Chris Sutcliff

Artist Man I am

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12th Oct 2017

Marijuana – A break up letter

My Dearest Mary Jane.

As I write these words to you I cannot help but feel sorrowful, I really never thought this day would come, but you must understand that what I am about to do takes strength, and I feel the presence of that strength grow with each passing moment.

You have no doubt noticed that I have been seeing you less and less over these past months, dropping slowly out of our old routine of daily contact, stretching to weekly contact, and now longer. This has been difficult for me, and some days I miss everything about you, from the way you smell to the way you make me feel. It is that latter point though that has driven me to this decision. I hope I can explain it to you. You have remained the same, but I’m afraid I have changed.

I remember what we were both like when we first met some twenty odd years ago, how right we were for each other, how immediately and unconditionally we fell in love. I first heard about you from all my old heroes, writers and artists whom I idolised, and from my contemporaries who were all enjoying a fleeting romance with you. Everybody told the same story, that you would open my eyes, that you would change the way I thought, that you would turn me on to so much about life and art, movies and music. Everything they said was true. When I fell for you, I fell hard. You were my everything then. I regret nothing.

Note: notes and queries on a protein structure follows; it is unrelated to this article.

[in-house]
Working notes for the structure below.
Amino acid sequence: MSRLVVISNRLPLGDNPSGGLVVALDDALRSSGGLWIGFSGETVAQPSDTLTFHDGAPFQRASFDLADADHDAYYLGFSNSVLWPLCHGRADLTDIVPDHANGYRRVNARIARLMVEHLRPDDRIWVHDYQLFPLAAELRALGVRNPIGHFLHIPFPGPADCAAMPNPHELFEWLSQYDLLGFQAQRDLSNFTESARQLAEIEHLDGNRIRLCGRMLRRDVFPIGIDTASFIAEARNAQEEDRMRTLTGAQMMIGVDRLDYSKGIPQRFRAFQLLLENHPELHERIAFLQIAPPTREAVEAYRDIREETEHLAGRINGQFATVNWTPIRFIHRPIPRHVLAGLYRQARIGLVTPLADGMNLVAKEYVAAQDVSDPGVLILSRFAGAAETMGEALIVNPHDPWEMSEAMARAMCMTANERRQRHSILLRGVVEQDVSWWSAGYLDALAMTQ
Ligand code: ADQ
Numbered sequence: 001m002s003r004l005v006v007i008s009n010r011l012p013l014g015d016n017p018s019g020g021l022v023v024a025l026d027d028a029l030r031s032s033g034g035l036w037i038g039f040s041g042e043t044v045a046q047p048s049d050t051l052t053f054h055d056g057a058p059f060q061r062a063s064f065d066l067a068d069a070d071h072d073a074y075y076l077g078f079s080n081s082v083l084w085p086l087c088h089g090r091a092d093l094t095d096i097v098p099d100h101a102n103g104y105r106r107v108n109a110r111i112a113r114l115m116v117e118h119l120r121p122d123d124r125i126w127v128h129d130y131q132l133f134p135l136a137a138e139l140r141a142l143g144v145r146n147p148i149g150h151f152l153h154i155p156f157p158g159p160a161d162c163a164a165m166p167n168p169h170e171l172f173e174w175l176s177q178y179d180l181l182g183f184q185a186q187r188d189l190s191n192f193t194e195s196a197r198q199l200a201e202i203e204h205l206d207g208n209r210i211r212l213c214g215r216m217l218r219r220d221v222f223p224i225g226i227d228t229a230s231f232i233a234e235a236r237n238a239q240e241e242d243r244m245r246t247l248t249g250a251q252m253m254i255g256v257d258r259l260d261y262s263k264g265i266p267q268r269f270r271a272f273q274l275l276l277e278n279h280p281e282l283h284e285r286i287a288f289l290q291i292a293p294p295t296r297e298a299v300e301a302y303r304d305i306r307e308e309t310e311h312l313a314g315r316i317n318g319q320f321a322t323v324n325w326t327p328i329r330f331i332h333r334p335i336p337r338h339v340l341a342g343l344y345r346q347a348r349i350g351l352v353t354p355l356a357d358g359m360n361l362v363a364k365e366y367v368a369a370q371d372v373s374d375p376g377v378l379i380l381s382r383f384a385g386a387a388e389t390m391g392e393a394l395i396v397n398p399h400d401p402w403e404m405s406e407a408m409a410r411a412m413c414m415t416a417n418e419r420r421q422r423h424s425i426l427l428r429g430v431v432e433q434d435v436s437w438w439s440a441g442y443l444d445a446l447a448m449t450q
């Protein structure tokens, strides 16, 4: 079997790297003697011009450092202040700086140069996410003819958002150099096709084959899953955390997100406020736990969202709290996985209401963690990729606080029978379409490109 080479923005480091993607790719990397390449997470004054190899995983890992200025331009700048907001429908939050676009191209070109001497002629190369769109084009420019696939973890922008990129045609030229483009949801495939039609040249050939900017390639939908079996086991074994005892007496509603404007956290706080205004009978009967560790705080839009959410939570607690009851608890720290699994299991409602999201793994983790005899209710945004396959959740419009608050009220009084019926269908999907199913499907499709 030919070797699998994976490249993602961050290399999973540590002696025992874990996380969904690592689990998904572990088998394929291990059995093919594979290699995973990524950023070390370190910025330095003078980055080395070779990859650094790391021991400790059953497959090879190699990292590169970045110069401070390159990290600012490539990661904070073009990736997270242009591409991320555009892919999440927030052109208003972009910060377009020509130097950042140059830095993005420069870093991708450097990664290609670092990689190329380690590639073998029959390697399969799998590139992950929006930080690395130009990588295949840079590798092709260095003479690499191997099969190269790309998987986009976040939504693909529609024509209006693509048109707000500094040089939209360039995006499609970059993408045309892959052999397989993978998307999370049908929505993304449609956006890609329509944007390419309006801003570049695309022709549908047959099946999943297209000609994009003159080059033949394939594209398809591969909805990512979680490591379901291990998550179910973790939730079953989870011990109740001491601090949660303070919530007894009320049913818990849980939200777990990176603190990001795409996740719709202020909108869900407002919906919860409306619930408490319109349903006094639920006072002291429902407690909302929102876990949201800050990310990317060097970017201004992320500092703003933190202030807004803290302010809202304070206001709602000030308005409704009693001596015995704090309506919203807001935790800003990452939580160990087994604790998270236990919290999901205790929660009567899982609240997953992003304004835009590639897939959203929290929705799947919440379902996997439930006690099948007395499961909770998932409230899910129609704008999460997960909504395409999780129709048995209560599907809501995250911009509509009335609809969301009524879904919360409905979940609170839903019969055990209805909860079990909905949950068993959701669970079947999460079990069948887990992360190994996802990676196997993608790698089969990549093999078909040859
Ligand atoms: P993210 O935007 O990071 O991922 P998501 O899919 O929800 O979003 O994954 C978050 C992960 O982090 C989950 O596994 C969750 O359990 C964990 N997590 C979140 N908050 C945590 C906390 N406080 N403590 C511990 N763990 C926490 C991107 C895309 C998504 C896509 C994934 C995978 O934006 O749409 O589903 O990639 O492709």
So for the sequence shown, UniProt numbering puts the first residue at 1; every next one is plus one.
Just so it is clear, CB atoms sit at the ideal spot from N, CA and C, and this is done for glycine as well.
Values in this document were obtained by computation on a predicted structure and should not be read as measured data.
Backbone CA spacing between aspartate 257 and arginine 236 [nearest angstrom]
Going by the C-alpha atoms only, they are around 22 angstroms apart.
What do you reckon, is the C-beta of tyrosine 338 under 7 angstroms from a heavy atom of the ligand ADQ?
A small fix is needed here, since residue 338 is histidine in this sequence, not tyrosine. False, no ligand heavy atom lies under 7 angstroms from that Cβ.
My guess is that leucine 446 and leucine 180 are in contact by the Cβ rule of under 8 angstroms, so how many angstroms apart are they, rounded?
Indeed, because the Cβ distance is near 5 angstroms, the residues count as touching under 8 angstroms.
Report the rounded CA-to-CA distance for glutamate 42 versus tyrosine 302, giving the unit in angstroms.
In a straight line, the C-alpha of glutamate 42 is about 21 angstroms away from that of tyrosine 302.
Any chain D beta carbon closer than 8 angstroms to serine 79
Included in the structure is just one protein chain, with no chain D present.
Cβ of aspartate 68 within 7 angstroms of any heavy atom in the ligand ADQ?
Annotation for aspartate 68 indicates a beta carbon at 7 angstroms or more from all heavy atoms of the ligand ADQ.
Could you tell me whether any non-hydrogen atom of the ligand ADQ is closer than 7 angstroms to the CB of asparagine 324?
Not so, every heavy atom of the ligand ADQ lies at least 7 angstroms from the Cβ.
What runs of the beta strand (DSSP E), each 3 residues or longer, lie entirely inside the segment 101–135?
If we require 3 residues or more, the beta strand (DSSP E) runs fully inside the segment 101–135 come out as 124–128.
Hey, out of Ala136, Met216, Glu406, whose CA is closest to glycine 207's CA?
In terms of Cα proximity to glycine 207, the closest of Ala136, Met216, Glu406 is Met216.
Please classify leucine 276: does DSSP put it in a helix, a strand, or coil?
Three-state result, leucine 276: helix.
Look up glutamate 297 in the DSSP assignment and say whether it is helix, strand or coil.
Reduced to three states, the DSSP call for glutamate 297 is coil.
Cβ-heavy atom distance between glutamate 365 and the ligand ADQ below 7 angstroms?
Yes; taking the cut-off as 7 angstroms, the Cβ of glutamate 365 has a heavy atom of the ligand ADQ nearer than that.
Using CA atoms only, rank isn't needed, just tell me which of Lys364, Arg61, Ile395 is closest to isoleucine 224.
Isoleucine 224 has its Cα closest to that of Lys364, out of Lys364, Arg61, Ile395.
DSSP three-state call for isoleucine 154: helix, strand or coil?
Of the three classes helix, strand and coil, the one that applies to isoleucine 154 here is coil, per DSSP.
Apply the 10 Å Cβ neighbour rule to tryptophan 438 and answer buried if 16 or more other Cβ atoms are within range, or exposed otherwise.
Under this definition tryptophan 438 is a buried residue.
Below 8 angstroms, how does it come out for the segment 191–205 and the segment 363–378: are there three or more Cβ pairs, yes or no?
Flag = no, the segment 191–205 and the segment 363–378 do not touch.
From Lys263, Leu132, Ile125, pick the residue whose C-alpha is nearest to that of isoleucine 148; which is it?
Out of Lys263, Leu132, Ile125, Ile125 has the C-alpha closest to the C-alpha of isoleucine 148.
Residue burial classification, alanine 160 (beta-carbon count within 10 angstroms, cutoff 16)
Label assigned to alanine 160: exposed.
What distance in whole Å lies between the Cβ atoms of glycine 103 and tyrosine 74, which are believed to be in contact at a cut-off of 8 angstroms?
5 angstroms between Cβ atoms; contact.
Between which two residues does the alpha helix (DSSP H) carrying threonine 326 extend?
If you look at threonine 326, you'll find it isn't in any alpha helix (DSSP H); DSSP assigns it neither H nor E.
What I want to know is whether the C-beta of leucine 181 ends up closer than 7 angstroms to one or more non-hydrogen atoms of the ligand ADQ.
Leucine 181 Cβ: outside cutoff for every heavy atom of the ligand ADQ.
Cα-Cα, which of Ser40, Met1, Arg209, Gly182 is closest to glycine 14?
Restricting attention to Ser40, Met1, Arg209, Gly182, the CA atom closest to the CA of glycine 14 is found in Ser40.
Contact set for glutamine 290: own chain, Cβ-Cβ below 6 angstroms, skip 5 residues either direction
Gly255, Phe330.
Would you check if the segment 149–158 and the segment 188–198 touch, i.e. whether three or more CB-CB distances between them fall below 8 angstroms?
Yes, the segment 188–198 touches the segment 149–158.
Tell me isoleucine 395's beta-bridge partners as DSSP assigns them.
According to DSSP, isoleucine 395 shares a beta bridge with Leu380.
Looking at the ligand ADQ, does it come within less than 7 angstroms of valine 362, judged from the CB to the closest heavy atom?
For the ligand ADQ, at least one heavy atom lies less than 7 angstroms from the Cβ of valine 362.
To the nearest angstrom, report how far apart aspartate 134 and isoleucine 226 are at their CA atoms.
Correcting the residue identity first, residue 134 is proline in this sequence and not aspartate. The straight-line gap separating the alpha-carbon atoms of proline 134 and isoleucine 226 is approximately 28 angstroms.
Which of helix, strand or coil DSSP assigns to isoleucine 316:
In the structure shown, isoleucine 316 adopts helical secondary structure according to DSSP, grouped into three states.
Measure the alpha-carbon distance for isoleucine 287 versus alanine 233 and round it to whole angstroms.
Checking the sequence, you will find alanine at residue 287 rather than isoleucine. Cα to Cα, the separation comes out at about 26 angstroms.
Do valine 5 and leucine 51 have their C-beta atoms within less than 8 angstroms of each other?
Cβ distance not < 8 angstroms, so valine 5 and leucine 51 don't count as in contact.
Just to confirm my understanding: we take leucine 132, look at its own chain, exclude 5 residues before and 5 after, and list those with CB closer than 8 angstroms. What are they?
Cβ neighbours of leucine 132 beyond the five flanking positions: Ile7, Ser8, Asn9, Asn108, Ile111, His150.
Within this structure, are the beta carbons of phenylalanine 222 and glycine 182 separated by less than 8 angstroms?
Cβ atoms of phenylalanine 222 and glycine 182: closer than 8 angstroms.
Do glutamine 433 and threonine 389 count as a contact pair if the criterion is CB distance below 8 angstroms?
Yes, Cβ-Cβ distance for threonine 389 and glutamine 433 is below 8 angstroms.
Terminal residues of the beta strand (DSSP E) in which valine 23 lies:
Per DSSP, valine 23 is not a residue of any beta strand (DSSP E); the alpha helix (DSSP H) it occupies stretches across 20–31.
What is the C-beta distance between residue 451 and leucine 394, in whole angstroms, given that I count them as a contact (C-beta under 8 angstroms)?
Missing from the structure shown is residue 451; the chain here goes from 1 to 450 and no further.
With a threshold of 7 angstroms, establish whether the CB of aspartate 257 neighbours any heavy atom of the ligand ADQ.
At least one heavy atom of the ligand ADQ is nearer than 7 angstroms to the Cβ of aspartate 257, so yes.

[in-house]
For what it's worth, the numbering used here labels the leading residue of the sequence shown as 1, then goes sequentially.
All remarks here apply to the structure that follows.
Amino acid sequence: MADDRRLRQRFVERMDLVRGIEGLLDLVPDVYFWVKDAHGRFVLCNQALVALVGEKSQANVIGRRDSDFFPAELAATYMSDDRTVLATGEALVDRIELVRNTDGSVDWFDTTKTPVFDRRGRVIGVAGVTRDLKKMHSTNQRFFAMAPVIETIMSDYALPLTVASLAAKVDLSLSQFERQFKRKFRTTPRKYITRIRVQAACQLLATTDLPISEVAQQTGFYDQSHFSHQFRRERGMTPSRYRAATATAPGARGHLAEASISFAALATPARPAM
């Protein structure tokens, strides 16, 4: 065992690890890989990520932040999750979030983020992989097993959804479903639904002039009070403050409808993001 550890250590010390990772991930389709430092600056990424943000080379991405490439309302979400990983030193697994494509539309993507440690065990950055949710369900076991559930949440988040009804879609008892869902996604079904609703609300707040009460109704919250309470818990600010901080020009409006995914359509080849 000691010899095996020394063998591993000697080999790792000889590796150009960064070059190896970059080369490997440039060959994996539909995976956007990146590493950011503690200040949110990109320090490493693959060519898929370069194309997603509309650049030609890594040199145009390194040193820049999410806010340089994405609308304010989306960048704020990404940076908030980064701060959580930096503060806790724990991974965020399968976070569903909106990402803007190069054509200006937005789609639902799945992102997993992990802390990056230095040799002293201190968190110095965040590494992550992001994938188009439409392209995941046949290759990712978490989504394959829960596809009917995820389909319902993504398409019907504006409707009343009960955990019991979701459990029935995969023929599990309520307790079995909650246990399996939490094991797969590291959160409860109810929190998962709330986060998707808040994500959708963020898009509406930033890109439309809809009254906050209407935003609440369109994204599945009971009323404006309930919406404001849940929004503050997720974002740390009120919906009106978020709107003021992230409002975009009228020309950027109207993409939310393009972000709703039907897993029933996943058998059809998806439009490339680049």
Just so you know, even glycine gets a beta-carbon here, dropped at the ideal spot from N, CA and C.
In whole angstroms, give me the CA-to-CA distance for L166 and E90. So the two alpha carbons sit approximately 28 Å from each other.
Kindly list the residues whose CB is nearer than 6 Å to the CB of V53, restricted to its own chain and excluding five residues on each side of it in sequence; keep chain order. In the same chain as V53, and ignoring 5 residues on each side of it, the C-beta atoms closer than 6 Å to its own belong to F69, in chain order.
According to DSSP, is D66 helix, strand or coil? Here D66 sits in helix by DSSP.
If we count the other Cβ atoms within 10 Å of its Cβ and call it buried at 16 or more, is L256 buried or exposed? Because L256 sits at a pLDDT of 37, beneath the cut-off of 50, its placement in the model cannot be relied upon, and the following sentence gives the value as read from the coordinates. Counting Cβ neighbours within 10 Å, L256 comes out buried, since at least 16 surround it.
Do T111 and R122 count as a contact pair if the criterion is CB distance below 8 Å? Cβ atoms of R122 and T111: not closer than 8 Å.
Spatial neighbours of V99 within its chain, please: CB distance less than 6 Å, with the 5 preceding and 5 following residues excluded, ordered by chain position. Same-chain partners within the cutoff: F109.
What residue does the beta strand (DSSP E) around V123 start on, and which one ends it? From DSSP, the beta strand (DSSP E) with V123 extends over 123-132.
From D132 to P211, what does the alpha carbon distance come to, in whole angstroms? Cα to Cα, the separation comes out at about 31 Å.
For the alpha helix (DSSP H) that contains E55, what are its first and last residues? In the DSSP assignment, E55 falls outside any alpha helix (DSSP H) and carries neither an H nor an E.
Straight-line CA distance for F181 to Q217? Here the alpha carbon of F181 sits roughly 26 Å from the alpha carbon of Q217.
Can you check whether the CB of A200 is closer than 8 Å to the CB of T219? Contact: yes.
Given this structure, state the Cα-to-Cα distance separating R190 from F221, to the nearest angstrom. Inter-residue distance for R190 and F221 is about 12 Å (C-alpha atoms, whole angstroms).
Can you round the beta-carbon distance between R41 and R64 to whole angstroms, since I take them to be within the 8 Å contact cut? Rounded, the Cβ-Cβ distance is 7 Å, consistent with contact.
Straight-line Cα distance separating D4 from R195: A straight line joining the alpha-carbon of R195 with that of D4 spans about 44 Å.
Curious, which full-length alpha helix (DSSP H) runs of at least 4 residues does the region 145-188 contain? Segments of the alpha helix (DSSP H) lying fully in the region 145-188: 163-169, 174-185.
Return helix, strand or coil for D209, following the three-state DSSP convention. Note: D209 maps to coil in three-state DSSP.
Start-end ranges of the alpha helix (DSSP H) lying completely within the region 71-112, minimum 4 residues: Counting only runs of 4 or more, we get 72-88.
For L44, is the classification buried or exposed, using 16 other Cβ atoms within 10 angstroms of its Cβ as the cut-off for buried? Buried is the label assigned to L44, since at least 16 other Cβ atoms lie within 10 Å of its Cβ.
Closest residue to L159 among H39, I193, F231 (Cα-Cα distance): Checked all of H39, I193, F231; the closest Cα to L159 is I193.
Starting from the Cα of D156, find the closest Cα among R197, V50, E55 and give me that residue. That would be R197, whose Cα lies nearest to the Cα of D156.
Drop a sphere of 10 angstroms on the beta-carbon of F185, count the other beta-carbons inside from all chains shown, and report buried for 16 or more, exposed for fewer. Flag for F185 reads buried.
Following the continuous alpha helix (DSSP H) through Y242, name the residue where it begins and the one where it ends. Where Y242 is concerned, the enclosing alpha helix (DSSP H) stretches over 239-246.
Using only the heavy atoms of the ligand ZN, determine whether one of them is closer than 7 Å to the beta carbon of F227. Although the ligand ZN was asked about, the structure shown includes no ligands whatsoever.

Over time you continued to enhance so many parts of my life. I met fantastic people and I went to amazing places with you as the driving force. One by one however, those other people started to fade away, and I didn’t understand at the time why they would turn their backs on you, not like I do now.

Life wasn’t always good for me, I know you know that. Whilst I appreciate you being there for me during my darker days, it is here that our relationship began to sour. I leaned on you more and more as a way to get through my struggles, I turned you from a lover to a crutch. I never should have done that, and I know you’ll leap to my defence and say it isn’t true but please, I’ve thought about this for years, and it is true, all of it is true. I slowly manipulated you from being the support of my creativity to the fuel of my self destruction. I must own that. My life will never be OK if I don’t learn to withstand the pain of it myself, I cannot hide behind you anymore, your protection was my addiction. Like I said before, you never changed, I did.

I have grown so very much older now and I look upon your ever youthful face and can finally see that we want different things out of life, you are ready to find your next lover, but you cannot do that until I let you go. Mary Jane, I want to thank you from the bottom of my heart for everything you have ever done for me, my life would be a paler thing without you. You have taught me so much and given so selflessly, I will always remember you with love and I will speak highly of you to anyone who will listen, my friend, my flame, my teacher, my rock, my light. I support your every ongoing endeavour, particularly your foray into the medical world. You are going to help so many people, and you will be in safer hands. So go to them now, for this particular man must accept that you no longer serve him at all, and with that he must be free of you, and free you in the process.